6. 6. Introduction. For over half a century, the European Union (EU) has brought political stability and economic prosperity to its citizens. It has created a frontier-free single market and a single currency, the euro. It has reunited a fractured continent. Europe as a whole is a major economic and commercial power and the world’s largest donor of development aid to poorer countries. EU membership has grown from six to 27 nations; combined with the four EFTA countries (Switzerland, Norway, Iceland and Liechtenstein) this brings the total population of Europe to over half a billion. If you are prepared and willing to explore new markets, then this should create opportunities for you as an exporter: the EU alone is the major exporter in the world and the second largest importer. The European Union is also an important trading partner for less developed countries, most of whose exports enter the EU duty- free or at reduced rates of duty. This preferential access to the EU market is aimed at boosting the economic growth of poorer countries around the world. This publication is an update of the CBI manual “Exporting to the EU – (2006)”. This manual is the first joint publication about the European Union and EFTA co-financed by CBI and SIPPO. It is meant to give you a quick overview of the European (EU and EFTA) region, providing you with the basic knowledge you need to decide whether or not it would be interesting for you to start exploring export possibilities to Europe for your specific sector. This manual is just one in a series published by CBI covering certain aspects of exporting to Europe. More product specific information can be found in CBI market surveys. Other issues such as carrying out market research, selecting your target market, market entry strategy, website promotion, trade shows and corporate image are covered in other CBI export manuals. You can find the titles on the CBI website: www.cbi.eu/marketinfo.6 l Exporting to Europe
  7. 7. How to use this manual.The manual consist of 8 modules that can be read separately The manual has been structured to highlight the most importantaccording to your specific interests. To get the most out of this topics for familiarising yourself with Europe as a potential exportmanual, however, you may find it beneficial to read in the order market. You can use this manual and its online CBI and SIPPOgiven below for a more complete introduction. tools, additions and links (www.cbi.eu and www.sippo.ch) to determine whether or not Europe might be an interesting marketModule 1 Europe, A Social Overview to investigate further for you and your products. In addition toModule 2 Europe, A Technological Overview the information provided here, you will need to do more in-depthModule 3 Europe, An Economic Overview research. To help you with this, each module provides you withModule 4 Europe, An Environmental Overview useful sources and references to various internet sites.Module 5 Europe, A Political OverviewModule 6 Europe, Developments in Business-to-Business MarketsModule 7 Europe, Developments in Consumer MarketsModule 8 Europe, Cultural AspectsAt the beginning of each module you will find a ‘route map’ whichwill tell you exactly where you are in the manual: 1 2 3 4 5 6 7 8The information provided has been analysed specifically for thefollowing main sectors:• Agricultural• Consumer• Industrial• Servicesor indicating a certain fixed section that will help you to go furtherin your research:• What does this mean for you as an exporter?• Practical next steps• Read more Exporting to Europe l 7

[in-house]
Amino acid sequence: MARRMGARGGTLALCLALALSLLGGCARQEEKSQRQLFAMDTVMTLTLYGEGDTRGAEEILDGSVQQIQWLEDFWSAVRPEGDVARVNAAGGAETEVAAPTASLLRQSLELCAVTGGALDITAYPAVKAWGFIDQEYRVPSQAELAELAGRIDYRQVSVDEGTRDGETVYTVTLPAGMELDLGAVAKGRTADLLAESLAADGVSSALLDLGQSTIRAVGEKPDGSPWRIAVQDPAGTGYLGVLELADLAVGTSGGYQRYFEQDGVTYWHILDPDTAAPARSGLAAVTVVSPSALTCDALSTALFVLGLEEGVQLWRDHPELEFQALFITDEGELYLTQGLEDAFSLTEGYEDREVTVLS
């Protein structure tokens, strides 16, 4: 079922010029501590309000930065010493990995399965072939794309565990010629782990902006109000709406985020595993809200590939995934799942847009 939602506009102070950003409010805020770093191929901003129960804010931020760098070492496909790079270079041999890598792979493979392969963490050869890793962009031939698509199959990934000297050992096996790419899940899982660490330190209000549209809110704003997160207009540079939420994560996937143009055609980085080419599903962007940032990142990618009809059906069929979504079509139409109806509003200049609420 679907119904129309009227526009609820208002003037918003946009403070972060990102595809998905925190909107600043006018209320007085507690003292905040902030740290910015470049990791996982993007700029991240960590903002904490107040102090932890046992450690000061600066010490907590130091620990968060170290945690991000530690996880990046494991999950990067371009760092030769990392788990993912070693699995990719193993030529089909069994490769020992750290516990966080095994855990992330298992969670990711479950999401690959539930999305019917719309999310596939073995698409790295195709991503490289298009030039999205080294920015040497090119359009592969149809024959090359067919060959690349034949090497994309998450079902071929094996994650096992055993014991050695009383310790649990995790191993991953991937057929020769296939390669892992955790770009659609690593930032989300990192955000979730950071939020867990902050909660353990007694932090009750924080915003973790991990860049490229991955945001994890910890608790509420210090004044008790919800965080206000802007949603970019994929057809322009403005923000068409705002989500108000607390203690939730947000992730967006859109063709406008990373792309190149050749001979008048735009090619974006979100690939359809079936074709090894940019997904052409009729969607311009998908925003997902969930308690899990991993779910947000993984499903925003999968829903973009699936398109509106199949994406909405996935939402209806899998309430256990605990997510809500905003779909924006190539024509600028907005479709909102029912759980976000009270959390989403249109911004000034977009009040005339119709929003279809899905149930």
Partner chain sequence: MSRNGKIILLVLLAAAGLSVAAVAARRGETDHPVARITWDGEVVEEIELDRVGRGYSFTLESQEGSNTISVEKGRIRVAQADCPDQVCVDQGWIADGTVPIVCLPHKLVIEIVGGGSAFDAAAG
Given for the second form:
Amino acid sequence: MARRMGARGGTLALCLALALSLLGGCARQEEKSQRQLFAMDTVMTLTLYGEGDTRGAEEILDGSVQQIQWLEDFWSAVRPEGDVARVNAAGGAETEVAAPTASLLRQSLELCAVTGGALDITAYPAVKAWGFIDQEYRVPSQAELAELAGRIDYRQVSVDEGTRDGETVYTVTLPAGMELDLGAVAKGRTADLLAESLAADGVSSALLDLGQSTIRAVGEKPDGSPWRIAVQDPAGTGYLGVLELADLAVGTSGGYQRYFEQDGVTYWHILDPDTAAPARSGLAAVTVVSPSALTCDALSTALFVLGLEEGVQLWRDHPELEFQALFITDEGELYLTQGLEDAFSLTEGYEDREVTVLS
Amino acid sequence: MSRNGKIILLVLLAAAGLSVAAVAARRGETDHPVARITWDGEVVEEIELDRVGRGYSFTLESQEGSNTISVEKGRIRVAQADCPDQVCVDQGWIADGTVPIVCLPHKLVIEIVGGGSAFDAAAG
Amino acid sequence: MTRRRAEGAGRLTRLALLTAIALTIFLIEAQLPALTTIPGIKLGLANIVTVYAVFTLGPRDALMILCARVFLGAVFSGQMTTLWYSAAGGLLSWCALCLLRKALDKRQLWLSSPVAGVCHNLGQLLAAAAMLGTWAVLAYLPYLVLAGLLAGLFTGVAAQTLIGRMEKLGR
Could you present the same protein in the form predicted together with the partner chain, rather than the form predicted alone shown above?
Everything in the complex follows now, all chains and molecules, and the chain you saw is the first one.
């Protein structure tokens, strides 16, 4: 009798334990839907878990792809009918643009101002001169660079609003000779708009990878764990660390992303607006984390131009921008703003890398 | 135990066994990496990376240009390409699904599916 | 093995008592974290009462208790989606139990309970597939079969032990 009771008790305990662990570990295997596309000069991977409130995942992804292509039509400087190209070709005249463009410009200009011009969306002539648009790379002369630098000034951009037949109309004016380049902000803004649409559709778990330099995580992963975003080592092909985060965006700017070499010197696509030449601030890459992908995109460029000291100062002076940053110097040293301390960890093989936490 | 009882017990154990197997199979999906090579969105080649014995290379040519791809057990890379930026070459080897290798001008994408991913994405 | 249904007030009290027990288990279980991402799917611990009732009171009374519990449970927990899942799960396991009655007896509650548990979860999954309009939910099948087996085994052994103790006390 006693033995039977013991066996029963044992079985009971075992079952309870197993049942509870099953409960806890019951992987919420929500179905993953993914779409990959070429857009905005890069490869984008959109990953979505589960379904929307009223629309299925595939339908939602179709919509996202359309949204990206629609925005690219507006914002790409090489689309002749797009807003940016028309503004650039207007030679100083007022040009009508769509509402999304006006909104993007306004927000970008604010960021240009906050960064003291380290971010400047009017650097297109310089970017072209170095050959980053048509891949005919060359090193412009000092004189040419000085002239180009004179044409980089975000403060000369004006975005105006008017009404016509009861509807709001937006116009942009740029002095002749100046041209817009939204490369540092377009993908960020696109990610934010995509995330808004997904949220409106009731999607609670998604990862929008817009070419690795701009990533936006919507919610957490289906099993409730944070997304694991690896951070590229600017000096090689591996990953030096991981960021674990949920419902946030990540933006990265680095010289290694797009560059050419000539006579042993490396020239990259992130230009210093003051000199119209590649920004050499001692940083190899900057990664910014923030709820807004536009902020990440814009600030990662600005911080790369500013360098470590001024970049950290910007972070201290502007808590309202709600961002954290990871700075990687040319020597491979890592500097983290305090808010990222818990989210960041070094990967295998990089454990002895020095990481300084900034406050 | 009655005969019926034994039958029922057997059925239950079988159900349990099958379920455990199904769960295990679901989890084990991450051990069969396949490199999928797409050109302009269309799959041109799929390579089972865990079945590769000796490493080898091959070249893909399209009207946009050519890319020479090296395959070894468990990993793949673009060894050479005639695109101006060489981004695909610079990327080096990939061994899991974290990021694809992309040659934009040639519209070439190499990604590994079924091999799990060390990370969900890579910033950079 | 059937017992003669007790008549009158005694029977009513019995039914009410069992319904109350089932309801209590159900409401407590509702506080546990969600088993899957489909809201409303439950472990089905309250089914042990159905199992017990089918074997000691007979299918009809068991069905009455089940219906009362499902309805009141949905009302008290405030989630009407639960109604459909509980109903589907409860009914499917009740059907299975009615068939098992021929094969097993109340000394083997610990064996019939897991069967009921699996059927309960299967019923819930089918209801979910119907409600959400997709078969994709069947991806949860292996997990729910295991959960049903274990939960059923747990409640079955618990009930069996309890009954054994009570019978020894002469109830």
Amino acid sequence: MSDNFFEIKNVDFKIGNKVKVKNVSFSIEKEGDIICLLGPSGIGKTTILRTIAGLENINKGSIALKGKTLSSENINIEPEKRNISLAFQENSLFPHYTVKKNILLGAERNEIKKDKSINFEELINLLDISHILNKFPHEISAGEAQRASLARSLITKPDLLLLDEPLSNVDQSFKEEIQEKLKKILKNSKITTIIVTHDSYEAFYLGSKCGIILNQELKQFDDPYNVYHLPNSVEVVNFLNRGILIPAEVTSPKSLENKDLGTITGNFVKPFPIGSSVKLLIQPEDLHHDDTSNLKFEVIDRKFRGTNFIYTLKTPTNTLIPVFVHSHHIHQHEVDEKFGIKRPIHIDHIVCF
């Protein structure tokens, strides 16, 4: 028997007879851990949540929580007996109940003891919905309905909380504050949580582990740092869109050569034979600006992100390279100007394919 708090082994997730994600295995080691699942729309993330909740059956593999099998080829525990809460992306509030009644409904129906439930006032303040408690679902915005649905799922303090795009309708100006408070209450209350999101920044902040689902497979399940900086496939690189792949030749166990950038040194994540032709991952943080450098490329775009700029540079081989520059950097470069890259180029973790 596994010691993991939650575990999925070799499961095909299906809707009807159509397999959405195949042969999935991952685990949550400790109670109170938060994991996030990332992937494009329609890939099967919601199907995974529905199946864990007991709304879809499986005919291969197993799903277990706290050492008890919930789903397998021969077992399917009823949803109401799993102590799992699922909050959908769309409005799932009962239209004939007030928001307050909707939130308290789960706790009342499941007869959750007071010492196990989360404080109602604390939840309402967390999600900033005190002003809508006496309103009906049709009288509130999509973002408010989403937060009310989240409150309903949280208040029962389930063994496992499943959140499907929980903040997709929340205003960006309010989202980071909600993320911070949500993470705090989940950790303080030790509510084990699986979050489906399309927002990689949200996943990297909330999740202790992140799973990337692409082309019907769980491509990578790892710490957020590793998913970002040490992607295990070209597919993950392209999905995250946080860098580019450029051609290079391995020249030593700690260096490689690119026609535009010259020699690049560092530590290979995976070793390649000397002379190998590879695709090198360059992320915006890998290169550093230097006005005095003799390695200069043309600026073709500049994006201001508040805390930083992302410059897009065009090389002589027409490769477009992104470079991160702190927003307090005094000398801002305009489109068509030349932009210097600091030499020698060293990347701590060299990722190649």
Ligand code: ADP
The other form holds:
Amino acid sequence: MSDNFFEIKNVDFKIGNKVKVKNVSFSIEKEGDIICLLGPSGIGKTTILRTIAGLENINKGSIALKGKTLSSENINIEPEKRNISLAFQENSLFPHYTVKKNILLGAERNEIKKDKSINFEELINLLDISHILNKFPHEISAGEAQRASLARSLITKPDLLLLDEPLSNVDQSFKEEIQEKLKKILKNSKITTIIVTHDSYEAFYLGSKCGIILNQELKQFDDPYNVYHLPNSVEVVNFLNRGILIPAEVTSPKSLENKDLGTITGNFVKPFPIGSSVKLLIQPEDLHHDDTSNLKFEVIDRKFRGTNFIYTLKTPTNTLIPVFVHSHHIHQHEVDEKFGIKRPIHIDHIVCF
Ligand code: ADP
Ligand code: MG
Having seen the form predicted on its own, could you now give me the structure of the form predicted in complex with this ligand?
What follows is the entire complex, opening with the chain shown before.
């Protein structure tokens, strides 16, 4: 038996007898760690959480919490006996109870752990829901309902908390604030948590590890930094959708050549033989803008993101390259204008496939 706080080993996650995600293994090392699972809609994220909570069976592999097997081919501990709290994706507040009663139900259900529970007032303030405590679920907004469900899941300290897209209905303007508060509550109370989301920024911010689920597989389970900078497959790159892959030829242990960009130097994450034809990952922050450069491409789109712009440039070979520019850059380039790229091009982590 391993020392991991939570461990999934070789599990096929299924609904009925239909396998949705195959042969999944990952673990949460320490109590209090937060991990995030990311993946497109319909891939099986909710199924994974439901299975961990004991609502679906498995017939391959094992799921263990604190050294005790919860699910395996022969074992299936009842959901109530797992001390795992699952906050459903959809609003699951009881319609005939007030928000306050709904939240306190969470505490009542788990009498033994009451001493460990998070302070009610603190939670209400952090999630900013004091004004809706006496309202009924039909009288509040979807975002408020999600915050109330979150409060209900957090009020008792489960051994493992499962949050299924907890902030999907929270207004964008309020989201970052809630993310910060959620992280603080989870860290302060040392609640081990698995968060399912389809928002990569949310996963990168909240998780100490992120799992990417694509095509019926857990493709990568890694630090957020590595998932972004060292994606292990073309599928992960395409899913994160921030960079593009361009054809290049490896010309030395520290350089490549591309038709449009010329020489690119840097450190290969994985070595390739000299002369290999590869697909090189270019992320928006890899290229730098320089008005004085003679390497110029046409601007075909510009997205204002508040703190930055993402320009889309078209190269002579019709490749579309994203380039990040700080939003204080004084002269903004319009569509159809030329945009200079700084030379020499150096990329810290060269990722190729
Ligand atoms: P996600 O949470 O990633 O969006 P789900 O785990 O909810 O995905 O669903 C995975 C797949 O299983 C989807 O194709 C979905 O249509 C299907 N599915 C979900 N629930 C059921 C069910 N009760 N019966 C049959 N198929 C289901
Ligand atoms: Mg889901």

8. 8. 8 l Exporting to Europe
  9. 9. Europe, A Social Overview.Why read this module?If you read this module, you will acquire an overview concerning the mostimportant social issues and developments in Europe. This could be veryrelevant to you in your capacity as an exporter or BSO (business supportorganisation) from a developing country. Together with the other moduleson Technology, Economy, Environment and Politics, you will have accessto the basic components required for a STEEP analysis. This analysiscan help you determine whether Europe might possibly be an interestingmarket for you to explore further.1 2 3 4 5 6 7 8 Module 1 Exporting to Europe l 9